I was calling The Beloved to say that it looked like it would be tonight. Then I heard the OR nurse on her phone saying, "Yeah, blood pressure's good now. Yeah. yeah. She's had three doses, no four...come now? Roll? Okay, We're on our way." She hung up and I'd just barely had time to tell The Beloved that we were going right now. He said he loved me. He sounded as scared as I was. "Please be safe. Please be okay, both of you. I'm so sorry I'm not there." I said I knew. I knew. And that I loved him and I'd call him as soon after as I could. So this was really happening. Our son was going to be born without him here. But at least The Other Mommy was here and she was already suiting up to go to OR with me. The tears started in earnest as I handed my phone to her and they started rolling me down the hall.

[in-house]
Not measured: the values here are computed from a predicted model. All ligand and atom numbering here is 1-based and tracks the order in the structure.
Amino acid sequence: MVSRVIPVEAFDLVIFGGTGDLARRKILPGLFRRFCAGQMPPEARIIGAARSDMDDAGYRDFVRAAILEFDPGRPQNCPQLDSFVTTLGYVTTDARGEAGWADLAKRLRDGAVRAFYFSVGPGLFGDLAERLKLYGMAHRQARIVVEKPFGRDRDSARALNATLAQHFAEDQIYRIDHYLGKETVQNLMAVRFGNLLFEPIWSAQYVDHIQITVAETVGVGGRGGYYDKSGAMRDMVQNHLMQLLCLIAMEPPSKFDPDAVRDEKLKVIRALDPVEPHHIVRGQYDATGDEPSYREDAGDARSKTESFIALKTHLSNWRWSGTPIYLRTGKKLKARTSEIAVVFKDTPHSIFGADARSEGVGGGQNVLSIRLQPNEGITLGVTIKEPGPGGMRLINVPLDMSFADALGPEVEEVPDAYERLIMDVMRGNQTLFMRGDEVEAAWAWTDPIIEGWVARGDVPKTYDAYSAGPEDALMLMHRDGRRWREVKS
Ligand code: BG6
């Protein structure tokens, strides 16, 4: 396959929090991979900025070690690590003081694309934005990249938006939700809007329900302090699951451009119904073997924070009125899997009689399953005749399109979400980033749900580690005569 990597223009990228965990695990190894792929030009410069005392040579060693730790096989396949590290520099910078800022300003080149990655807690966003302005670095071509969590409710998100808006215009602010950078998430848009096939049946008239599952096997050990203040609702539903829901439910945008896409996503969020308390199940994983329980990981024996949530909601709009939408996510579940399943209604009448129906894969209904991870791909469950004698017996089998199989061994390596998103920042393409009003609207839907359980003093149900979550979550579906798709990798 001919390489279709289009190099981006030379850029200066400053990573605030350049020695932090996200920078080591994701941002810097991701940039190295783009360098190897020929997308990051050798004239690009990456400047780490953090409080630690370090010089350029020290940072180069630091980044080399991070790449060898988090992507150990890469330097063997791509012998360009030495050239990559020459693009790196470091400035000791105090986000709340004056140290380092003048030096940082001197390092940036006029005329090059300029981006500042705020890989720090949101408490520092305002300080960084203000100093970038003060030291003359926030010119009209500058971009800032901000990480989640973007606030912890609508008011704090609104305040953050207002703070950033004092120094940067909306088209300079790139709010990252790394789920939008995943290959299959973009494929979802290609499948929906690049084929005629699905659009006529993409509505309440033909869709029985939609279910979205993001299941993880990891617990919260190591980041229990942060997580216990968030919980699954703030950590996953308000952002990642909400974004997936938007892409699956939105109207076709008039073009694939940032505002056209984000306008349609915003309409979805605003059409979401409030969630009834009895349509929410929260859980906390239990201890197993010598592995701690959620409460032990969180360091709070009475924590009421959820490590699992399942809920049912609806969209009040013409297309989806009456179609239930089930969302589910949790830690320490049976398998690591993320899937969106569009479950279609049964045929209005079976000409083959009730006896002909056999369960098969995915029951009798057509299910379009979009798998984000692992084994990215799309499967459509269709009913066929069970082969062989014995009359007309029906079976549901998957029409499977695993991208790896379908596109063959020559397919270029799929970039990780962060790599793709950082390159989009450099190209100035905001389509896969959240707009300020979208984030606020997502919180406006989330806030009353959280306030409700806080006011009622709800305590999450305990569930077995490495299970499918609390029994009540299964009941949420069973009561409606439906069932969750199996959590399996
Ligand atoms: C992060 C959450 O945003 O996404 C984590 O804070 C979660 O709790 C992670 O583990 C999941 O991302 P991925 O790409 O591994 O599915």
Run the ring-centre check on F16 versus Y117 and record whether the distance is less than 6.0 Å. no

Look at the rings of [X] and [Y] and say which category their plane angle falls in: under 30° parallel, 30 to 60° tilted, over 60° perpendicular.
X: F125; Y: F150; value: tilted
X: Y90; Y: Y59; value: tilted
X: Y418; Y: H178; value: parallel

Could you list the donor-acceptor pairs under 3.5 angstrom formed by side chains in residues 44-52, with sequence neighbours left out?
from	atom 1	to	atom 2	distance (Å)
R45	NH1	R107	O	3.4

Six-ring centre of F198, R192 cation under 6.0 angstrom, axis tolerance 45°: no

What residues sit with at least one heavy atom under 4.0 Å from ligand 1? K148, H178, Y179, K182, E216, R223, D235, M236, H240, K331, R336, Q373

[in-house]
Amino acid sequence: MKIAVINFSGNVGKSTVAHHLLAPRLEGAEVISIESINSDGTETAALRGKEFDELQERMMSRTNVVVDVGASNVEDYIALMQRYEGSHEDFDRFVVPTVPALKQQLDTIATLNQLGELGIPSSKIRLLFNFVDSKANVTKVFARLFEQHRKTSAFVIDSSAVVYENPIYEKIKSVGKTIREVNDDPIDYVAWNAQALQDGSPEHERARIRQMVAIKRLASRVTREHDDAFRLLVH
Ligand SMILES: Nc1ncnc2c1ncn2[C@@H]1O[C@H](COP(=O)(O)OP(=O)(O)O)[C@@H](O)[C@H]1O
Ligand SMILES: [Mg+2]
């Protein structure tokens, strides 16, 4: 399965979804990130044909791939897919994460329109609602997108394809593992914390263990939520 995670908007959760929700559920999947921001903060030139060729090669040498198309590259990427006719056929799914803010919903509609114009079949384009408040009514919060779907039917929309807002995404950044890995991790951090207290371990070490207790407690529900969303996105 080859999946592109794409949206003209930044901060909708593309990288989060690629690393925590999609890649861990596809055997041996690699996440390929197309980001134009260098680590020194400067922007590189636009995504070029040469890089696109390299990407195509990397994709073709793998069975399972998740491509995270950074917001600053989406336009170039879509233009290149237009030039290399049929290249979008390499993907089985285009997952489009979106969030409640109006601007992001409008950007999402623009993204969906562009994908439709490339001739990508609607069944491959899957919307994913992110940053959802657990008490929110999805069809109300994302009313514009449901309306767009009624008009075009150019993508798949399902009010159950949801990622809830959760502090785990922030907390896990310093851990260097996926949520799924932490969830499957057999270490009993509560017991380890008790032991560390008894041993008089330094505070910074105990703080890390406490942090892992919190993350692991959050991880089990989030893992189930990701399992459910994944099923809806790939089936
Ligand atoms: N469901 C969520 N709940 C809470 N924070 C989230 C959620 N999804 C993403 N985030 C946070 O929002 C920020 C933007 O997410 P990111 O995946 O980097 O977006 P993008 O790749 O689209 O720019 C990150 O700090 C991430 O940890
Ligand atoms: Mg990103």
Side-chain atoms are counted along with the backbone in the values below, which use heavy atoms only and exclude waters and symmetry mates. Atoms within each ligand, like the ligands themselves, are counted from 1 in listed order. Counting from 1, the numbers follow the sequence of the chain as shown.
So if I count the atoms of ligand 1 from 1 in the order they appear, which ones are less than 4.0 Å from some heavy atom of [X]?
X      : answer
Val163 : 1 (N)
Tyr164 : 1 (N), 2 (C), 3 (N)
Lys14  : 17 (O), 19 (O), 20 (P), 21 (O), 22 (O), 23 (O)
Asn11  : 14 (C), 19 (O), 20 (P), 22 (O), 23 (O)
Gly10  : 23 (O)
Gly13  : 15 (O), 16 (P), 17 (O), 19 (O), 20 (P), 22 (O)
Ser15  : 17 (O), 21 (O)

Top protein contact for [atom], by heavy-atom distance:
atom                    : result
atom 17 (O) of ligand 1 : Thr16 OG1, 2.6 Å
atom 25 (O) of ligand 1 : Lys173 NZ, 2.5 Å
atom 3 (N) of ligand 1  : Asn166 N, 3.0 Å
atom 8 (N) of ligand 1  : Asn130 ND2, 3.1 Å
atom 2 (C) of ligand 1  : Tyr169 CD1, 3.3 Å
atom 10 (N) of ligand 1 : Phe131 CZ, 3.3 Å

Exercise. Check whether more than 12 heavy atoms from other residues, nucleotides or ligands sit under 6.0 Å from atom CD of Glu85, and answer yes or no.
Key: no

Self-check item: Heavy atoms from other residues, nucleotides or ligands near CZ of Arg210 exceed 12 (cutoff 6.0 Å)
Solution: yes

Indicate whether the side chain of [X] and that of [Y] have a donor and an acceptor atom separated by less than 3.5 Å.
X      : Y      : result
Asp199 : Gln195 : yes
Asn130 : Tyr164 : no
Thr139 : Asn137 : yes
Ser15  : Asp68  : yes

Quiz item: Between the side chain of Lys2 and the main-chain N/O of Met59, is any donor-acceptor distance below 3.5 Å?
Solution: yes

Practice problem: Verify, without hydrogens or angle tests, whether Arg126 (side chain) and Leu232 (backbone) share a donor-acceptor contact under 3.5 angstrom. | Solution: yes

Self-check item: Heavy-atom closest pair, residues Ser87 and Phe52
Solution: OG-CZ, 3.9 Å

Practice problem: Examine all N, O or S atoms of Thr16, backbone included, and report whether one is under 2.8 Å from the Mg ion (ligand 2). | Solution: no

Once in OR I was moved to the operating table from the gurney. Then I was instructed by a voice behind and above me to sit up and straddle the table. What followed is an ordeal that makes me want to cry to even recount. I've had several epidurals. They suck while they're being done. This time I was having a spinal. It also sucks to have that done, but a little more so! The shot into the back is nothing. It's that part where the dura are penetrated and the electrical zing and instantly deep bone penetrating ache that hits and spreads rapidly outward and down as the doctor first injects fluid into that space that gives me nightmares. And all the while I was being held by an OR nurse to keep my back curved and my shoulders forward, holding my belly, my baby, in the protective circle of my arms, and trying to breath, trying to hold onto Jack for just a little longer, tears silently rolling down my cheeks. I could feel my pulse in my neck. I thought my head might explode with the pounding of my heart. I was on the verge of panic when the nether voice behind me said that it was all finished and that I should start feeling numb any minute. I was assisted to lay back down. I could still move my legs, just barely, but I could still feel them! Was this normal? Yes said the nether-voice, once again above and behind me. Then the nurse started prepping my belly with orange fluid. People were moving all around me. Suddenly I had a bloody nose from the hydralazine I'd been give so much of. I tell a nurse. She says it's probably nothing. No, I can taste it I insist. "Well..." she looks around, "Here. That's all we have," and she handed me a thick blue sterile fabric OR towel. And then three nurses hoisted my now able to feel but unable to move body into a sitting position and held me while I blew. She seemed impressed that I'd actually gotten a bloody nose. "It's the hydralazine," smiles sympathetically. Then they all three assisted me back into position and the nurse resumed scrubbing with the orange stuff in wide circles, then wiping with cold clear stuff in wide circles. I asked if it was okay that I could still feel my tummy? "Yes," from the nether-voice, "We'll make sure you can't feel anything when it's time. Try to be calm. Try to relax so we don't have to put you to sleep." Relax? Was he nuts? They were about to rip my premature baby from my body and then who knew what kind of health problems he would have! Might as well set my head on fire and then tell me not to think about it! My own heartbeat continued to reverberate through my chest, neck and head. Then someone came rushing in, asking "Do we know for sure that this is Down syndrome?" Yes. "How do we know?" I piped up this time saying "Amniocentesis at 16 weeks." "Okay then." And the person rushed back out. And I laid there weeping quietly. Were we doing the right thing delivering him early? Wasn't it better to keep him in since my blood pressure was okay now? Couldn't I just stay in the hospital and keep doing what we're doing until closer to my due date? I was terrified. It was all I could do to not sit up on the OR table and cradle my belly protectively and order every one to just get away from me and my baby.